UMA MINERALS BANGLORE Vs. MALABAR CEMENTS LIMITED
HIGH COURT OF KERALA
UMA MINERALS, BANGALORE
MALABAR CEMENTS LIMITED
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(1.) PLAINTIFF is the appellant. Suit was instituted for realisation of money. PLAINTIFF is a partnership firm, wholesale dealer in industrial minerals. PLAINTIFF had entered into an agreement with defendant for supply of sweetener lime stones at the rate of 100 to 150 MT per day to be increased to 300 MT necessary for manufacture of cement, as per order dated 28-4-1988. On the request made by the defendant, plaintiff identified good lime stones from Cuddappa and Dronachalam and a report was sent to the defendant quoting the ex mine rates given by Andhra Pradesh Government. PLAINTIFF later informed the defendant by letter dated 16-7-1988 that the materials could be moved out from Andhra Pradesh only on payment of mineral rights tax. Defendant later amended the purchase order and agreed to pay extra the mineral rights tax and surcharge in addition to the cost of materials, transportation charges and other expenses already agreed upon. Purchase order was accepted by the plaintiff by letter dated 8-8-1988. Defendant however declined to take delivery of 480.120 MT of materials stating that the same was below the standard prescribed. PLAINTIFF informed the defendants its inability to supply the variety and supplied certain other variety and requested the defendant to allow the plaintiff to take back the unaccepted quantity. Defendant did not give any reply. The cost of unaccepted material would come to Rs.1,13,000/-. Later plaintiff sent notice claiming the said amount. Defendant replied and raised counter claim for damages, contending that plaintiff had committed breach of contract. For disposal of the case we need not elaborately deal with the facts. Suffice it to say, suit was instituted by the plaintiff and that was decreed allowing the plaintiff to realise a sum of Rs.1,13,000/- as value of rejected quantity of 480.120 Mts. of lime stones less the amount actually received by the plaintiff on that account. Counter claim raised by the defendant was treated as issue No. 4 and answered by the trial court as follows :
"In this case the defendant has actually offered to accept the balance quantity even after the expiry of the period stipulated if supply was made at enhanced rate. But even if the time is not the essence of the contract in this case that aspect is immaterial as the plaintiff never fulfilled the terms of the contract. After performing contract in part, the plaintiff informed the defendant that it was not going to supply materials any longer. Thus there is absolute breach of contract without any reason. If that be so the defendant is entitled to recover damages as stipulated in clause 13 referred to above. The defendant has claimed Rs.8,62,753/- as damages for delayed supply of materials in terms of clause 13 of Ext. A 4. The defendant has further claimed Rs.7,16,533.73 towards the loss incurred by arranging alternative supply of materials. The plaintiff has produced Exts. B9, B10 and B11 to prove that alternative supply was arranged. Exts. B12 and B13 are also relevant. Ext. B14 is the consolidated statement showing the damages on account of arranging alternative supply. The quantum of damages in curred by the defendant is really not disputed in this case. As the plaintiff has committed breach of contract and as there is no frustration of contract as alleged by the plaintiff, the defendant is entitled to recover the damages claimed which is limited to Rs.10,00,000/-. The issues are found accordingly."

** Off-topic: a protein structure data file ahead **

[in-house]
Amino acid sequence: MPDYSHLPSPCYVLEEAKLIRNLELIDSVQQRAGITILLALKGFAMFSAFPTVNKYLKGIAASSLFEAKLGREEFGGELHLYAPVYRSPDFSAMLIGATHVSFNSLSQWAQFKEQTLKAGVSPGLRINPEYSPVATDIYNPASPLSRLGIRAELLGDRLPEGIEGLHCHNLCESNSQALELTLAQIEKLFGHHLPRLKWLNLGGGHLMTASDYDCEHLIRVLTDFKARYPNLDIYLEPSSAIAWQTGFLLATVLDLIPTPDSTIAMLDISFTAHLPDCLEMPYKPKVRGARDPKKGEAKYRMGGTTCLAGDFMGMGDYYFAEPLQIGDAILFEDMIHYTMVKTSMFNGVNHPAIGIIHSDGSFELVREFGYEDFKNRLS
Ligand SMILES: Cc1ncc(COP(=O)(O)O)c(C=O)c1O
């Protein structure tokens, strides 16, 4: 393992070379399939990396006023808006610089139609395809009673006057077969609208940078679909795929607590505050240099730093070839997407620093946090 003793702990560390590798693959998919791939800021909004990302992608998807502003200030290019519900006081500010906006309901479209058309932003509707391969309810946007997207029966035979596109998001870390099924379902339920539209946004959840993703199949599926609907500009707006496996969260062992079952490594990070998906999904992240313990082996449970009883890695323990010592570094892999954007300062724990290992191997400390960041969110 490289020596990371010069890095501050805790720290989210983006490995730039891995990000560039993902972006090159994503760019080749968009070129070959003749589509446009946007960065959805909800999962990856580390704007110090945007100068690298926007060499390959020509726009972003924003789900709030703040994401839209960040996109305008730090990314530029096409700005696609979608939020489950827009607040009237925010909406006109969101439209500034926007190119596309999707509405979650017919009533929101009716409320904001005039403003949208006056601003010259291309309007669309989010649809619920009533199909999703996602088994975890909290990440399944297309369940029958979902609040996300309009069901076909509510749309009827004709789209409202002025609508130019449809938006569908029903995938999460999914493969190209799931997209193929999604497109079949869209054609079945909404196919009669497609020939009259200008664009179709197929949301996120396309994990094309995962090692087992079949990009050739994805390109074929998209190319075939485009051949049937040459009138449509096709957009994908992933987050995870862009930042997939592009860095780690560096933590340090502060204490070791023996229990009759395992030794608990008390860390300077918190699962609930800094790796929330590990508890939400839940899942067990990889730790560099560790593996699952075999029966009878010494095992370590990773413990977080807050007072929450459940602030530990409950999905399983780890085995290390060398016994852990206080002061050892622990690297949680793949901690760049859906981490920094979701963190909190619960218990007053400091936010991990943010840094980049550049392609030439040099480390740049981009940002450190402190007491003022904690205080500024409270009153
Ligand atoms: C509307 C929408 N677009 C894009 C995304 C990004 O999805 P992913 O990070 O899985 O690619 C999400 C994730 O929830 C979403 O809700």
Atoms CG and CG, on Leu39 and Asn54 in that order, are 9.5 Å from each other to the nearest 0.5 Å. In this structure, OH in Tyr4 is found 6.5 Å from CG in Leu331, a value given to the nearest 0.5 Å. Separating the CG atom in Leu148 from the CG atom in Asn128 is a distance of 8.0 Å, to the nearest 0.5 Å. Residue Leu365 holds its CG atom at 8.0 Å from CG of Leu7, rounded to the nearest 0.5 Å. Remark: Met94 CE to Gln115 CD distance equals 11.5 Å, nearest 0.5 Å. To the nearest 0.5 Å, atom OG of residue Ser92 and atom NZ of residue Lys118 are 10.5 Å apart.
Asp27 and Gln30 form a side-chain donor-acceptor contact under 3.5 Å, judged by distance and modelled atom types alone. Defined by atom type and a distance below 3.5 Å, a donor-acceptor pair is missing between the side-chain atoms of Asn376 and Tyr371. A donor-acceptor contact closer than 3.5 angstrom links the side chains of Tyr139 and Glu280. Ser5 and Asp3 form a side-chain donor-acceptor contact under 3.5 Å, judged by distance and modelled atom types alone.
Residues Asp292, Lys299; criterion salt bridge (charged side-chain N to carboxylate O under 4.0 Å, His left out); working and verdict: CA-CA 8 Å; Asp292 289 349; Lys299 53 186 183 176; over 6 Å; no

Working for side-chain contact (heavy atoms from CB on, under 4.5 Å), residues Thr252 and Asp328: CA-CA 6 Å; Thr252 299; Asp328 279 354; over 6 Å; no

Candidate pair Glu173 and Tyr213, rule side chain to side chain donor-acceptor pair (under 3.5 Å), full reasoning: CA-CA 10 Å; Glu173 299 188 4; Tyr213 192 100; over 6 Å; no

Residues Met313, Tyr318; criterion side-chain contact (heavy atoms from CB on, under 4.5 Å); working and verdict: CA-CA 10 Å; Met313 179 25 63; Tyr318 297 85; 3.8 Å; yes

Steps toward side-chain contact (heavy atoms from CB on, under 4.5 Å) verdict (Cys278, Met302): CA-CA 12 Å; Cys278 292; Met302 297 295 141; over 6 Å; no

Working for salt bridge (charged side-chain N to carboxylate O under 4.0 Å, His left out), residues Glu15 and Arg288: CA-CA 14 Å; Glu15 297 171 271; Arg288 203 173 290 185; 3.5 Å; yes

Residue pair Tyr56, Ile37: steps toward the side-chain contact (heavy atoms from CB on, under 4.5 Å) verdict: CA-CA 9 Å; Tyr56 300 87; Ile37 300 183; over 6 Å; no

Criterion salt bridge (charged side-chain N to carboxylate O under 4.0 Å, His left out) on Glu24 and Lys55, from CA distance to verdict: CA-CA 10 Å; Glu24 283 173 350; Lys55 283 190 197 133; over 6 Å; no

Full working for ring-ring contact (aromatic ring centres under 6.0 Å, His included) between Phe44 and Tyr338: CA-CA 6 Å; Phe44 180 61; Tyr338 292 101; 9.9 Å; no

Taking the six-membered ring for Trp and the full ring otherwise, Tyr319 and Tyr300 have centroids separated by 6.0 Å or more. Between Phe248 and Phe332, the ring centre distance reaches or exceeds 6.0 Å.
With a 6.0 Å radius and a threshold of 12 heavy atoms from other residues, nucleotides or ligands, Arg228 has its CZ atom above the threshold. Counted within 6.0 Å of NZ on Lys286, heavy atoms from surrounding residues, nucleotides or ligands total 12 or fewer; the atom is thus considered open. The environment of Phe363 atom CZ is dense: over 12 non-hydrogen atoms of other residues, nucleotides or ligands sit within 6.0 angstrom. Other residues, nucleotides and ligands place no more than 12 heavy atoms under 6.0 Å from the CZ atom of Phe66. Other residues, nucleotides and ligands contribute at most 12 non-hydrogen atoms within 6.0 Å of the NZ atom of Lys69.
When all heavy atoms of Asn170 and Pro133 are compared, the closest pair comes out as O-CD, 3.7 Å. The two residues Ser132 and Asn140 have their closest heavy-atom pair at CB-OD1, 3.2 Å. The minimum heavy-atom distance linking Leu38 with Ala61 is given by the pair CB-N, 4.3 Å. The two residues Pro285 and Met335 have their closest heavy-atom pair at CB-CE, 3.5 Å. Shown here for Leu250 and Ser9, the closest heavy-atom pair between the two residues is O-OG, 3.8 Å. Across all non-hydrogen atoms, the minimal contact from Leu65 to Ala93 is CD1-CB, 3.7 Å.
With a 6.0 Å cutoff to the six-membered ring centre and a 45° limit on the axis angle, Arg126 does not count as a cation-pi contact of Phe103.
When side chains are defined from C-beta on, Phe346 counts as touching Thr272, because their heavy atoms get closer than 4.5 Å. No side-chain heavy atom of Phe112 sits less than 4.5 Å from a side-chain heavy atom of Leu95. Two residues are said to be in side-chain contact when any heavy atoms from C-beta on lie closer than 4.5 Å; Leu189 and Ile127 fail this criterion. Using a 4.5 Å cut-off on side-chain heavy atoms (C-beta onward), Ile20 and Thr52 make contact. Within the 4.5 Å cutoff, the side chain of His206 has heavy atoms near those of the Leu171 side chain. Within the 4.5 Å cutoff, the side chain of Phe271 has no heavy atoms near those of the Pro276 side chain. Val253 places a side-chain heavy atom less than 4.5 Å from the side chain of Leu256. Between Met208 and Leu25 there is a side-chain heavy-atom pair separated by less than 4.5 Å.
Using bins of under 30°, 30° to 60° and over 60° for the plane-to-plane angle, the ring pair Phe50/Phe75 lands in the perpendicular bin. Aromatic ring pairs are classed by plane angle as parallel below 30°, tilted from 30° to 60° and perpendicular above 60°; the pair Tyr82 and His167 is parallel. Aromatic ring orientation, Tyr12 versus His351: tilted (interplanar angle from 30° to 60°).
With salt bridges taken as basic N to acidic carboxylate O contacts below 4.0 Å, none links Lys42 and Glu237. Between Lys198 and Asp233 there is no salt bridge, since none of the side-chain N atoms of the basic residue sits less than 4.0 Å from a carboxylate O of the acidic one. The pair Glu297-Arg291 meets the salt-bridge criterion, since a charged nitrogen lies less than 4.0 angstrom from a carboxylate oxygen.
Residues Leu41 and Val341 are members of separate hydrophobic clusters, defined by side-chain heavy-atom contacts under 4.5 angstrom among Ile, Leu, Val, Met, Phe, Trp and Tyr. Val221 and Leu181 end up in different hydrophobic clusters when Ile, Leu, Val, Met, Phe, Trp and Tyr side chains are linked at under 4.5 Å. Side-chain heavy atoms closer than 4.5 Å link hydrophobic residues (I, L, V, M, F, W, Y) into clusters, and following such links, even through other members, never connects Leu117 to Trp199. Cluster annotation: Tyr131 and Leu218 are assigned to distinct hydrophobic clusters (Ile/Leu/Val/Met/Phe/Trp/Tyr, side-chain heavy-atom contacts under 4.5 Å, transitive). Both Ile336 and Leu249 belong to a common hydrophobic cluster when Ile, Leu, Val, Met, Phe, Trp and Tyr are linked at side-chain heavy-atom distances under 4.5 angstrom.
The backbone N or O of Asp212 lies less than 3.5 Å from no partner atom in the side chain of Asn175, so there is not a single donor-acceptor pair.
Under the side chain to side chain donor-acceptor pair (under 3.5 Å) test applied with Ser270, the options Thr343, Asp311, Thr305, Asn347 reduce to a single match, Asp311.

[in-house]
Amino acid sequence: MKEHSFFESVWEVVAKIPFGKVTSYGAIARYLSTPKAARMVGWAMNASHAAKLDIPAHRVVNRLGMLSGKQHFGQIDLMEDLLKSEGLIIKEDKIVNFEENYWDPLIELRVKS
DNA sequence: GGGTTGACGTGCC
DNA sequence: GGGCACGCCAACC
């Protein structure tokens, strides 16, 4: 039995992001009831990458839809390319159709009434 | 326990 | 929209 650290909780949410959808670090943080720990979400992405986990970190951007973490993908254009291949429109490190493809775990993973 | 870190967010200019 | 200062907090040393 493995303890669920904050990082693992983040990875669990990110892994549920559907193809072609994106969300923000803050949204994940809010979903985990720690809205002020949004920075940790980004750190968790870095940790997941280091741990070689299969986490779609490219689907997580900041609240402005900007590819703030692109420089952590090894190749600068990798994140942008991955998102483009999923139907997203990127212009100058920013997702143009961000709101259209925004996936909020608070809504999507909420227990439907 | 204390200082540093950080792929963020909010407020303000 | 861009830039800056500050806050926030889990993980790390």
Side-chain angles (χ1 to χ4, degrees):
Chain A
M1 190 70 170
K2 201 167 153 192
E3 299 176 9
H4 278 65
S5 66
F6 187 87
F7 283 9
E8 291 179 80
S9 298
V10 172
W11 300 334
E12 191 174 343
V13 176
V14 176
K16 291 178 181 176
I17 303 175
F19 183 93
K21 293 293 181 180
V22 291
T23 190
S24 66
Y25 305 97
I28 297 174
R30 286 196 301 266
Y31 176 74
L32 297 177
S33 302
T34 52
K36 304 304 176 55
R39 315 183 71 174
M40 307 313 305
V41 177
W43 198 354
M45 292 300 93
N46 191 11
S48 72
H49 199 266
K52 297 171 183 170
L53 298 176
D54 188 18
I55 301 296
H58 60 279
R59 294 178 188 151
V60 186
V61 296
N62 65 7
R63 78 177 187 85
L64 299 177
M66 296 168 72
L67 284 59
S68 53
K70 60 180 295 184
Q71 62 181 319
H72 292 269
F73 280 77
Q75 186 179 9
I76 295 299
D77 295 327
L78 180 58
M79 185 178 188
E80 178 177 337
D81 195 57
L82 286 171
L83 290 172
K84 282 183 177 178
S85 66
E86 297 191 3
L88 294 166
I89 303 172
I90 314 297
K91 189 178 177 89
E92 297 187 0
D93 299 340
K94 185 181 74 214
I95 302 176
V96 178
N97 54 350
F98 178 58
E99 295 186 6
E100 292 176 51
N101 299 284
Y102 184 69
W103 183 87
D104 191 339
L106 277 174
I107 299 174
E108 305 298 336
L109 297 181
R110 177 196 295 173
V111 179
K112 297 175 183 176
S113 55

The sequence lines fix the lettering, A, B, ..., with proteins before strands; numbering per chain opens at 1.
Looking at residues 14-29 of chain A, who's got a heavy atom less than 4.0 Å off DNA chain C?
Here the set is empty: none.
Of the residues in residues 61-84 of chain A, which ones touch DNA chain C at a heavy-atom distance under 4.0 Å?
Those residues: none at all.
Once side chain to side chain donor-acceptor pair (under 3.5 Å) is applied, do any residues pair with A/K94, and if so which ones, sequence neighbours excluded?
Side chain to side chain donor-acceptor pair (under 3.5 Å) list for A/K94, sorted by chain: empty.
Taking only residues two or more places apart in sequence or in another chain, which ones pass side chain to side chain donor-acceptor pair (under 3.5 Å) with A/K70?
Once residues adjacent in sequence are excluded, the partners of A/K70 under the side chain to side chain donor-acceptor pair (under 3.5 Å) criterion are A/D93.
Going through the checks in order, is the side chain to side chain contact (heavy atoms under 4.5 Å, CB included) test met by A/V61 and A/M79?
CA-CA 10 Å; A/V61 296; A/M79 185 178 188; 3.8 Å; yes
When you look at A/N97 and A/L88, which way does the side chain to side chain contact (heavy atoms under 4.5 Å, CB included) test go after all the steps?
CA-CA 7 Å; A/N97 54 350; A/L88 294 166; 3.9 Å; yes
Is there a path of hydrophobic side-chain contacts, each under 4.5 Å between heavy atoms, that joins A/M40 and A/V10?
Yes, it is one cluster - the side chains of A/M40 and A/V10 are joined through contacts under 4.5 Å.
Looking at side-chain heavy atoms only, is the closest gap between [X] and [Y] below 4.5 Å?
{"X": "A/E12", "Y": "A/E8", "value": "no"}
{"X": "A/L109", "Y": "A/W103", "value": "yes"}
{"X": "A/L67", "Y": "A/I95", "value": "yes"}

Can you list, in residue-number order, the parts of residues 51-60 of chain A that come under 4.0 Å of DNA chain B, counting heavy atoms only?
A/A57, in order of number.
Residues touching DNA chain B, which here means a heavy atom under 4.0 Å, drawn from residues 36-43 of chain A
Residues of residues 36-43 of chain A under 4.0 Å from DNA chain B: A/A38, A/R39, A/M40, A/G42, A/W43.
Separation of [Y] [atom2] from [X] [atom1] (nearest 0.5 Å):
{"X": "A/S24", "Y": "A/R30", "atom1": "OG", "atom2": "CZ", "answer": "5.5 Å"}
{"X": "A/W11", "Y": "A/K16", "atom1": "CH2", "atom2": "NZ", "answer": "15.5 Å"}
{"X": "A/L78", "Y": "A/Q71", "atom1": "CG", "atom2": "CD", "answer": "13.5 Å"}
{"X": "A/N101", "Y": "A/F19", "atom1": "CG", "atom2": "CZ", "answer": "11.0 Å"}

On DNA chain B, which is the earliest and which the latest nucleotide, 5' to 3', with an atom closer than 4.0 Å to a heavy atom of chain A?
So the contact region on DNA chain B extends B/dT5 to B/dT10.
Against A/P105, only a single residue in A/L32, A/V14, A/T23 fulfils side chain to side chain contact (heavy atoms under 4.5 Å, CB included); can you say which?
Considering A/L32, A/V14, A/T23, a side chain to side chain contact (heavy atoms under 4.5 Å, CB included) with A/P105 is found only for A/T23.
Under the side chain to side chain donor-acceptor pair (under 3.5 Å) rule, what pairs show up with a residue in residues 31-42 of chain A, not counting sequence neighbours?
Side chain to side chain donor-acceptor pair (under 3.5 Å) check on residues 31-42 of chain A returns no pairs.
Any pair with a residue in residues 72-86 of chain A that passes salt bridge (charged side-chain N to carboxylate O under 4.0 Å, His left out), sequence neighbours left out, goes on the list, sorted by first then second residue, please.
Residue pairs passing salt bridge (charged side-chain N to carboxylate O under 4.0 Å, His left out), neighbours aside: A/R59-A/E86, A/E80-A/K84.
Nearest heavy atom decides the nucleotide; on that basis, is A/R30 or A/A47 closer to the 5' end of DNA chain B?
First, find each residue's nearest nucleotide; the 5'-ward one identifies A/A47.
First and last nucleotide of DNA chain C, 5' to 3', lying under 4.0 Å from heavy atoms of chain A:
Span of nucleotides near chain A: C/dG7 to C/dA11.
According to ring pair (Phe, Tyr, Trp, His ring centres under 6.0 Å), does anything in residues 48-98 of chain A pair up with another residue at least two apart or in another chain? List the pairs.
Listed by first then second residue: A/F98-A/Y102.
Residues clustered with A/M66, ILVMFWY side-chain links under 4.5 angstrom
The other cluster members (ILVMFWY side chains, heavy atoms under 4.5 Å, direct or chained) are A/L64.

Counsel appearing for the appellant submitted that the Court below has committed an error in blindly following clause 13 and awarding damages to the tune of Rs.10,000/- without any adjudication as such. Counsel submitted, assuming that clause 13 applies, it is the duty of the court to adjudicate the claim, if any. This legal position has been well settled. Counsel referred to various decisions such as Fateh Chand v. Balkishan Dass AIR 1963 SC 1405, Union of India v. Raman Iron Foundry AIR 1974 SC 1265, State of Kerala v. United Shippers and Dredgers 1982 KLT 738 (AIR 1982 Kerala 281), and FACT Engineering works v. Kerala Industries 2001 (3) KLT 250 (AIR 2001 Kerala 326). We are of the view appellant is justified in contending that the court is bound to assess the damages caused rather than blindly following clause 13. We are of the view the approach made by the Court below is illegal and contrary to the principles laid down in the aforementioned decisions. In such circumstances, we are inclined to set aside the decree as far as the award of Rs.10 lakhs is concerned towards damages. That part of the judgment and decree would stand set aside. Matter is remitted to the court below for examining the claim of the defendant in accordance with law. It is open to the parties to adduce evidence. Court below would determine what would be the damages caused to the defendant, if any. It is for the defendant to establish on the basis of evidence as to the damages caused to him on the basis of the transaction entered into between the parties. The appeal is allowed to the extent indicated above. Matter is remanded back to the court below. Appellant would be entitled to get one half of the court fee paid on the appeal. Appeal allowed.;
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